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Lines Written In Early Spring

William Wordsworth

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2002-06-09
Added by: Helen
I have to do The Prelude at school, but I like this poem much better.
Commentary FROM a high-school student
2002-08-07
Added by: Tom Frischman
"Lines Written In Early Spring" is classic Wordsworth. I like this poem in particular because it typifies English Romantic Verse. Wordsworth's vivid description of nature (which is his trademark) and his lamentations of the current state of mankind fit perfectly INTO a Romantic framework.

In this poem, Wordsworth contrasts the perceived happiness and pleasure of the natural world with the grim state of mankind. He introduces this theme with the last two lines of the first stanza: "In that sweet mood when pleasant thoughts bring sad thoughts to the mind."

Wordsworth then suggests that the happiness of nature should be paralelled by a hapiness of mankind: "To her fair works did nature link the human soul that through me ran; And much it greaves my heart to think what man has made of man."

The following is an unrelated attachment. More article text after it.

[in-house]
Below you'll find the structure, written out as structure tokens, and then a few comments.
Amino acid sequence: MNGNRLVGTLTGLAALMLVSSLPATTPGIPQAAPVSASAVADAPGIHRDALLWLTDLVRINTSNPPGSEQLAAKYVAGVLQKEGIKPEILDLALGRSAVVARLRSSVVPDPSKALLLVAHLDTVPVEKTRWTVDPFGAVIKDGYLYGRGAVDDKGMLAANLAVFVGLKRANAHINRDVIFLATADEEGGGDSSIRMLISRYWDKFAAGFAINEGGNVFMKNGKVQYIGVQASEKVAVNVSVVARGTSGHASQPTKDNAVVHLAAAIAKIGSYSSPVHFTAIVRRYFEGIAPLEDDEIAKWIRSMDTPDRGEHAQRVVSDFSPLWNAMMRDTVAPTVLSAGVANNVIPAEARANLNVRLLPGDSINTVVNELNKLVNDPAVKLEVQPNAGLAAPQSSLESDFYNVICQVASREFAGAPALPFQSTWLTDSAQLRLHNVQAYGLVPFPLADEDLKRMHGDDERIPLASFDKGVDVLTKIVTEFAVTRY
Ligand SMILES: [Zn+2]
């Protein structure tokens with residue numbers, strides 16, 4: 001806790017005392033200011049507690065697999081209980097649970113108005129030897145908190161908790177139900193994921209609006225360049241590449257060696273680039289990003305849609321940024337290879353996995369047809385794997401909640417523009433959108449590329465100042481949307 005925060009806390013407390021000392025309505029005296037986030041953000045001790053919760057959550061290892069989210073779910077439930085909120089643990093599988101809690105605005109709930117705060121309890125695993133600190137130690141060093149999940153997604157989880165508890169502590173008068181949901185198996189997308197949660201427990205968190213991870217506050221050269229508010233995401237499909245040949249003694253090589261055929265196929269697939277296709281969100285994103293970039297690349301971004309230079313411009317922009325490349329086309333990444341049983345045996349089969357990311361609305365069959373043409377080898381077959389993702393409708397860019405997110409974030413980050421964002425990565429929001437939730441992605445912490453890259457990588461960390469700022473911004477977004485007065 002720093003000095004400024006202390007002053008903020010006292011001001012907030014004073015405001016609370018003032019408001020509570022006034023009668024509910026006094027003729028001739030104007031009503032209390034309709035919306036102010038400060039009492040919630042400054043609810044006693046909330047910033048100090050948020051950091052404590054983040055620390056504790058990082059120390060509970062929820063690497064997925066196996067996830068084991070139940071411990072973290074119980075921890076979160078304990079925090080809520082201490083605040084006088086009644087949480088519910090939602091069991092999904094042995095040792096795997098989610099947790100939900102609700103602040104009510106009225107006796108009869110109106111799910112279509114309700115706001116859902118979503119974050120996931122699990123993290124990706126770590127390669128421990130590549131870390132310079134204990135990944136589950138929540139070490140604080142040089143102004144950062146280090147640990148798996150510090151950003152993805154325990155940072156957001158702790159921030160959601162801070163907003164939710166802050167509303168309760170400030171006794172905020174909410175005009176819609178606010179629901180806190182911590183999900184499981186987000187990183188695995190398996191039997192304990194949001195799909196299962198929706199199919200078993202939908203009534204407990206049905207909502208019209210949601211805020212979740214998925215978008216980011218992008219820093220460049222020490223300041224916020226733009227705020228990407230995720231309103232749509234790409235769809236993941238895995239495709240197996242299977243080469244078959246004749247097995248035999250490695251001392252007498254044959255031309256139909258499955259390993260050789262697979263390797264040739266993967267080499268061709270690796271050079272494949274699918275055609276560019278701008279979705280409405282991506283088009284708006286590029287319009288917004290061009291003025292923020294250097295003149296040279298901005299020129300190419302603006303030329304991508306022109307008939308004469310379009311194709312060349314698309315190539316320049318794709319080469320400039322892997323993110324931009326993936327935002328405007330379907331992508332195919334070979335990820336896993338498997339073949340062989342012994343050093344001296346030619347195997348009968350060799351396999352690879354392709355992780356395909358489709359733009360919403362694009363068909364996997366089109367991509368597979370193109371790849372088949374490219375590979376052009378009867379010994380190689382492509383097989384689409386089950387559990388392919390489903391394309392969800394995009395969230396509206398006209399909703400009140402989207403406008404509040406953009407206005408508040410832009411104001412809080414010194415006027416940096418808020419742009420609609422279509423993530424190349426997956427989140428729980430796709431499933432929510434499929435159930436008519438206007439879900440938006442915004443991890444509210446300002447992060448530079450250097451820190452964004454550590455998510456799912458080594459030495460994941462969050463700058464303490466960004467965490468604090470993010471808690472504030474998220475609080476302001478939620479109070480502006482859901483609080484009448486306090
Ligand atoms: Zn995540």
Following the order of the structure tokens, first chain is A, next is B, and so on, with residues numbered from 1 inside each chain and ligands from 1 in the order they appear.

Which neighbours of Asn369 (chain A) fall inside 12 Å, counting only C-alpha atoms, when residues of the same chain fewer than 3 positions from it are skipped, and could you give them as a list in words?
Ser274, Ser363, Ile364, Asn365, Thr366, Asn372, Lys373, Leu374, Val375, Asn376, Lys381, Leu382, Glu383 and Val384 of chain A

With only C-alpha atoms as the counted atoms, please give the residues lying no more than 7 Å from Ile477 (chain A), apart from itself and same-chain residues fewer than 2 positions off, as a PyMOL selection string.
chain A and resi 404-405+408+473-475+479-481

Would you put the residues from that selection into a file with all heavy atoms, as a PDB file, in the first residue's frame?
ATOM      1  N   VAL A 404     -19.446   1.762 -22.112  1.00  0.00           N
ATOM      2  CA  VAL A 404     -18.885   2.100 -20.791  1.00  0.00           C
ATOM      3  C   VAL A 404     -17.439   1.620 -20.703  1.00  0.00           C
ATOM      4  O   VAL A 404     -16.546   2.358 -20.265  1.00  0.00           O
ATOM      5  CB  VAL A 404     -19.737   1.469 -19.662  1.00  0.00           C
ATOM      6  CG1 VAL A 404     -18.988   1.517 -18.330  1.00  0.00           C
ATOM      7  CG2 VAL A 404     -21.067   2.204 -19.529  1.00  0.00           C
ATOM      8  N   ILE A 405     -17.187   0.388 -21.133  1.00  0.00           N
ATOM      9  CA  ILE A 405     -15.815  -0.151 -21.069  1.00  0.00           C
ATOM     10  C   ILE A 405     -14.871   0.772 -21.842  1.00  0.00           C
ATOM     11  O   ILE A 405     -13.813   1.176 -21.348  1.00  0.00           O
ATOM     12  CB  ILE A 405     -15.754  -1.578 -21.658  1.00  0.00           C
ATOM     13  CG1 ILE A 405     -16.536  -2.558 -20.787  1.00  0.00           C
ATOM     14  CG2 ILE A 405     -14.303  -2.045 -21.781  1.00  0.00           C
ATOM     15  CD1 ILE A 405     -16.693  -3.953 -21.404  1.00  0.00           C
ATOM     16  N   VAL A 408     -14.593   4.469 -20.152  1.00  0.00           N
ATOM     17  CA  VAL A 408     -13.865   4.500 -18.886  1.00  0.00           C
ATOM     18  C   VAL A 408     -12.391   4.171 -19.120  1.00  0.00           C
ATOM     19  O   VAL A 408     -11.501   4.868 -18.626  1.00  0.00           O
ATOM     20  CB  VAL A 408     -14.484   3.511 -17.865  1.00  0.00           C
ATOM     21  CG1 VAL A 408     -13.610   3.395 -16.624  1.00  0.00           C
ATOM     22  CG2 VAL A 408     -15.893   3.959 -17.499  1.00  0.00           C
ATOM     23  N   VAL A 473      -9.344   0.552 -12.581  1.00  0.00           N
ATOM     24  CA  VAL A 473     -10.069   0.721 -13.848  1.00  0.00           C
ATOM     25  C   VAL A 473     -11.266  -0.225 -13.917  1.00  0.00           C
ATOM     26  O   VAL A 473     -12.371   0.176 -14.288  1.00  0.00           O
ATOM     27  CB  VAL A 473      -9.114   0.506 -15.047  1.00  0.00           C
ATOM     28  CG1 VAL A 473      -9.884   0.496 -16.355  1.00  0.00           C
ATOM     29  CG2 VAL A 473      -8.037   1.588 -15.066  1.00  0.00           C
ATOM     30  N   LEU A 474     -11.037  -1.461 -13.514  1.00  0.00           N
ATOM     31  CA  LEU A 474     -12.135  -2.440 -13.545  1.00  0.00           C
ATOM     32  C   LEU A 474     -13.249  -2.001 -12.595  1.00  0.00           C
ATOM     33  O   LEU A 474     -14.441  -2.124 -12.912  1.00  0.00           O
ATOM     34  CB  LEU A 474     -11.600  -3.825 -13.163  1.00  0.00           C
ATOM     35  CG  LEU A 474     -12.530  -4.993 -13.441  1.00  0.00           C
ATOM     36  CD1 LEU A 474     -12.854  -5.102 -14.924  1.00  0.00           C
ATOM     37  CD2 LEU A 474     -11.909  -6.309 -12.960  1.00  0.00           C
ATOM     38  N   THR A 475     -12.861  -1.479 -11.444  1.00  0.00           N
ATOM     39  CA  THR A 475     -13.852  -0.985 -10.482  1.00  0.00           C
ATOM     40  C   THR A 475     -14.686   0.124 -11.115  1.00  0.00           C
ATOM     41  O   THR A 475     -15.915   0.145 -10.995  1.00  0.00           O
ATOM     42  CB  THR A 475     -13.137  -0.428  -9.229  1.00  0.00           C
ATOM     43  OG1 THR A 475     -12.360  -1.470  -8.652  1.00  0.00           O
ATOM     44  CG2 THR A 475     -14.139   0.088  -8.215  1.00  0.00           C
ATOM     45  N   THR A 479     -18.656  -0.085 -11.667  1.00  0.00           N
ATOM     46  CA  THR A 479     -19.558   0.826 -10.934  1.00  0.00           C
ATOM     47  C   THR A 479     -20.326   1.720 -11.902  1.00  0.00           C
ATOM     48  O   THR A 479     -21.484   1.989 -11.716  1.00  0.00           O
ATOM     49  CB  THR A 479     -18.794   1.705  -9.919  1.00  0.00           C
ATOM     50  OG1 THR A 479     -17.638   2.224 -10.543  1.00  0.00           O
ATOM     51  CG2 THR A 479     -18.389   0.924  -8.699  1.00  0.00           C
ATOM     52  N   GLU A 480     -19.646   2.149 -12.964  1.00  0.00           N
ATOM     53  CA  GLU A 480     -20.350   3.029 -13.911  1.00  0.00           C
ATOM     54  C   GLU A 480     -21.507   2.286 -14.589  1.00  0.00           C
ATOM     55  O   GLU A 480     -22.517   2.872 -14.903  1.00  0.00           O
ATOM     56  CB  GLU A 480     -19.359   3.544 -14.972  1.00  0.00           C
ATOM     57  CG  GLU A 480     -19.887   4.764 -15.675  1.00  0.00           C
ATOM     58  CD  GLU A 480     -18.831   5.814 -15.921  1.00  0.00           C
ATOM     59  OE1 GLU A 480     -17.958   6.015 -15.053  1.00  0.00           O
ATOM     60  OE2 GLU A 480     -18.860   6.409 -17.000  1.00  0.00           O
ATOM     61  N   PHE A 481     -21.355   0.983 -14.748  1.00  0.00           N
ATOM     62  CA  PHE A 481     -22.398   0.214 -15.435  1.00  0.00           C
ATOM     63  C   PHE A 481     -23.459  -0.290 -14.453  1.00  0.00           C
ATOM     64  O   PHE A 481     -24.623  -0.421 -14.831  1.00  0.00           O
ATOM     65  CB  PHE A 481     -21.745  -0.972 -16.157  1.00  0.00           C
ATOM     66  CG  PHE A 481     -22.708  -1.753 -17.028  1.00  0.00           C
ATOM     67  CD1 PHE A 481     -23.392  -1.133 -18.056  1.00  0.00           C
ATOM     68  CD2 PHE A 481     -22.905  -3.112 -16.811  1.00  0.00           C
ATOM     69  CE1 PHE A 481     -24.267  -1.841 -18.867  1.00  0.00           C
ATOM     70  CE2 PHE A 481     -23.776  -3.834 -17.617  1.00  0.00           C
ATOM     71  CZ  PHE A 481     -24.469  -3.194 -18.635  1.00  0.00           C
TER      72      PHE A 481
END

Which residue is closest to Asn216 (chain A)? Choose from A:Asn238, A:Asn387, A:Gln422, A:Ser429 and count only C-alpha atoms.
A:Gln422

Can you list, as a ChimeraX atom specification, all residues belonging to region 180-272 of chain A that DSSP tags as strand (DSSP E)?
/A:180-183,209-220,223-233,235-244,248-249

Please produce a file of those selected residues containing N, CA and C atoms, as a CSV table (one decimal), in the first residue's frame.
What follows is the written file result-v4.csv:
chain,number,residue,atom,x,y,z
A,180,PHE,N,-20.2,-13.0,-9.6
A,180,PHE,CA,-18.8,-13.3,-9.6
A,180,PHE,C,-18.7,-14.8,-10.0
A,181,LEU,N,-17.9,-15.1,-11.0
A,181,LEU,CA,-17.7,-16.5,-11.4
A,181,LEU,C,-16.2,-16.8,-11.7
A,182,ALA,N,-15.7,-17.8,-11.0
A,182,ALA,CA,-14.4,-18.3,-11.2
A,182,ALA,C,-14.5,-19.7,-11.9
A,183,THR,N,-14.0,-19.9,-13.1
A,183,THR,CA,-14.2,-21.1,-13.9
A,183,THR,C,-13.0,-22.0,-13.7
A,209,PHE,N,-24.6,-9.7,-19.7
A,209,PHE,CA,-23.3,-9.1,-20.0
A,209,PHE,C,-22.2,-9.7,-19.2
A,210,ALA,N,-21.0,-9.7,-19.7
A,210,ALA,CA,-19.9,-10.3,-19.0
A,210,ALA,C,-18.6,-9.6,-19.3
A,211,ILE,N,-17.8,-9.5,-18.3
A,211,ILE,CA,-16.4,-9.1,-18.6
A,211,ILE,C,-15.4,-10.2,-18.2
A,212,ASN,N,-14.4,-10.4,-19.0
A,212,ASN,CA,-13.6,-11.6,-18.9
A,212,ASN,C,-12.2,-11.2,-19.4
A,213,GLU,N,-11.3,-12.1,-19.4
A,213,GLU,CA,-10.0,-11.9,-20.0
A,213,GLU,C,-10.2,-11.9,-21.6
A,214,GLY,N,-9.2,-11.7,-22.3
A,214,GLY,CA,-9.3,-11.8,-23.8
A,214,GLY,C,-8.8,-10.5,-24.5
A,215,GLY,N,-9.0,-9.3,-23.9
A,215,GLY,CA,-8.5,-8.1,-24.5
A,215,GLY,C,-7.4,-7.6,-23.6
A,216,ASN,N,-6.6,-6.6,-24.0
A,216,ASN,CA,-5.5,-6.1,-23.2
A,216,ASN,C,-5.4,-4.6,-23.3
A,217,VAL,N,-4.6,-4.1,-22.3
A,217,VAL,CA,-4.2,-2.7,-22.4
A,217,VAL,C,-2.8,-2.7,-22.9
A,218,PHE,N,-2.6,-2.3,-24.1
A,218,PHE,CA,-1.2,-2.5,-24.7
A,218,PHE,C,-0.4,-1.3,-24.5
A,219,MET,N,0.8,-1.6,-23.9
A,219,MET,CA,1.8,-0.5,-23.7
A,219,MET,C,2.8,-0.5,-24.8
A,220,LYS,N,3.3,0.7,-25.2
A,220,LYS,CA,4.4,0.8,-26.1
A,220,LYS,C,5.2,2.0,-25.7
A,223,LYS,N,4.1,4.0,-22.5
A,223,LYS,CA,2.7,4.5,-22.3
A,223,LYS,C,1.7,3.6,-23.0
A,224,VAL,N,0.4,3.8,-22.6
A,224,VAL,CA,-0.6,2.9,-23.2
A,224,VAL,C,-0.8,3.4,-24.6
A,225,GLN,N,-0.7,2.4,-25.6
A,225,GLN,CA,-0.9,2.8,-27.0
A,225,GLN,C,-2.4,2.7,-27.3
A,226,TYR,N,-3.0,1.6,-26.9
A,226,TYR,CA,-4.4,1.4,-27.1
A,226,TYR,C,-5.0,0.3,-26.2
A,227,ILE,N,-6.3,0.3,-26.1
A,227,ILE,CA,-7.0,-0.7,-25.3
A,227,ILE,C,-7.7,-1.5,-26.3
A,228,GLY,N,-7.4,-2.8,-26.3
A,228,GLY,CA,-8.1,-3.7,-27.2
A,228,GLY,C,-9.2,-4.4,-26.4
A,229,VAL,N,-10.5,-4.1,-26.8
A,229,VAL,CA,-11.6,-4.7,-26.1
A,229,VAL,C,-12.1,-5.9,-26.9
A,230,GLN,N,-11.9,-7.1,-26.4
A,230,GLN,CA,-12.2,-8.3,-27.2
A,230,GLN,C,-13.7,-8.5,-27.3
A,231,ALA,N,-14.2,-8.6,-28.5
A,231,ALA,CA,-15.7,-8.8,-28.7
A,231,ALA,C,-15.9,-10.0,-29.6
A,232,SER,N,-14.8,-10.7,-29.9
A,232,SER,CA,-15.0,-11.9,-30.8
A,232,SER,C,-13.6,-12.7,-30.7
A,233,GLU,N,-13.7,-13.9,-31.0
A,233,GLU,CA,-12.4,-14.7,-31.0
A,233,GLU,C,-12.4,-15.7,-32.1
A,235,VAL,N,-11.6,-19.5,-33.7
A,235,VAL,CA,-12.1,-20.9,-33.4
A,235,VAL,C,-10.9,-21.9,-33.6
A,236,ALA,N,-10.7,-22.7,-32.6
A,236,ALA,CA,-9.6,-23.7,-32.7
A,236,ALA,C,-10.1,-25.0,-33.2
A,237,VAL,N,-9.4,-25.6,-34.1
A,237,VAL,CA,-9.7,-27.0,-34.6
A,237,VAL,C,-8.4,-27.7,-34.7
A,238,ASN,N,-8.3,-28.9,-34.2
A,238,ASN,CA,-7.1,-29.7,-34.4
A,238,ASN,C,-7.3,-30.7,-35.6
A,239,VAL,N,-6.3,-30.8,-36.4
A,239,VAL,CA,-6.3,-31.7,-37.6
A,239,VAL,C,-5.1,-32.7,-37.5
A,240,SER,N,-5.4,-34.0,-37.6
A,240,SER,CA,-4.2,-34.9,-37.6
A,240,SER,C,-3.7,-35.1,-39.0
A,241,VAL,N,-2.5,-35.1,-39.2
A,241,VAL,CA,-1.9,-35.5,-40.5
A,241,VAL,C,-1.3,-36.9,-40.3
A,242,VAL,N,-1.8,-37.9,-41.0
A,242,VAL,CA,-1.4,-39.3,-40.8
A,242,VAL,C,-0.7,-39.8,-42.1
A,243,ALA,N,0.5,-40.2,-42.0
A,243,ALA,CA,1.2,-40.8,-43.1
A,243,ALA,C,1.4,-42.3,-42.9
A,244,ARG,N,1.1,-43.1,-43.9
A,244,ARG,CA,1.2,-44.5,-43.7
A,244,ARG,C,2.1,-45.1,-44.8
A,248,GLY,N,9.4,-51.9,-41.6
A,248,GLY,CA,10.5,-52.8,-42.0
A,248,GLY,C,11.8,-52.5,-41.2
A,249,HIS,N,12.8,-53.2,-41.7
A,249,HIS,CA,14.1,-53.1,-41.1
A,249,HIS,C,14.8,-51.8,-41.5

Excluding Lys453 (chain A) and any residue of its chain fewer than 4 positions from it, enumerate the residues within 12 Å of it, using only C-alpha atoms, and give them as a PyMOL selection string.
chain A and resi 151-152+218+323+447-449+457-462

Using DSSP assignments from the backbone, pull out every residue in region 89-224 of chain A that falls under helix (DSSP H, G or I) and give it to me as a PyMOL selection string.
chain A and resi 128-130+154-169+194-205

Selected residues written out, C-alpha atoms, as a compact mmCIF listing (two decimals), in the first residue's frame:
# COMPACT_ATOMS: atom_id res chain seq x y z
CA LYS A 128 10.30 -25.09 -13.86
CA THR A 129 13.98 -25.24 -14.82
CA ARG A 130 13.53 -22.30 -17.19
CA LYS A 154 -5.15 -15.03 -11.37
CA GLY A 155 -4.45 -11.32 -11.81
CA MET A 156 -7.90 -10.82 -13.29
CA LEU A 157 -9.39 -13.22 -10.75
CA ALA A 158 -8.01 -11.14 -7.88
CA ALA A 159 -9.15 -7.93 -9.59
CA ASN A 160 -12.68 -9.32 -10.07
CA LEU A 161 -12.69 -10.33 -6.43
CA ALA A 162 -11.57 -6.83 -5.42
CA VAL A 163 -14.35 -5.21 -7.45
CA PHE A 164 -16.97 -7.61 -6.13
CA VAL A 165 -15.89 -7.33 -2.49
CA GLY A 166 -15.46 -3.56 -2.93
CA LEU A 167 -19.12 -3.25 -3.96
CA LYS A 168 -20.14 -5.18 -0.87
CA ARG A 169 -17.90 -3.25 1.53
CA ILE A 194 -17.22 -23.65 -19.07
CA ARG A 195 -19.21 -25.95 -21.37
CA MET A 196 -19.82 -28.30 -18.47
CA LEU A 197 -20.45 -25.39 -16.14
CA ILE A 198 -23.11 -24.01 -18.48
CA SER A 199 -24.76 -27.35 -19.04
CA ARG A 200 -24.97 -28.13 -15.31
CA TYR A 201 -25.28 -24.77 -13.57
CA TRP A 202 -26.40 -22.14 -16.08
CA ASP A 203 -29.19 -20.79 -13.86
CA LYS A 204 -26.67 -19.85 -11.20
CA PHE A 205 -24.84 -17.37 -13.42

I found this poem to be so moving and eloquent in its description of nature that it brought me to tears (no kidding!). I do hope that my commentary has been helpful.
2004-05-09
Added by: Kritz
The story behind this poem is that it was written by Wordsworth on his return from France.He was in a nervous state of mind,having gone through harrowing experiences during the French Revolution there.
He was ashamed and frustrated by the violence of the whole event, and this disenchantment with regard to humanity is clearly evident in the line '...what man has made of man'

This poem externally seems 'happy' but actually it is a pensive work.

Personally, I liked ''Daffodils'' ...his more optimistic poem much better than this one.
poetry
2005-01-28
Added by: shravani
The story behind this poem is that it was written by Wordsworth on his return from France.He was in a nervous state of mind,having gone through harrowing experiences during the French Revolution there.
He was ashamed and frustrated by the violence of the whole event, and this disenchantment with regard to humanity is clearly evident in the line '...what man has made of man'

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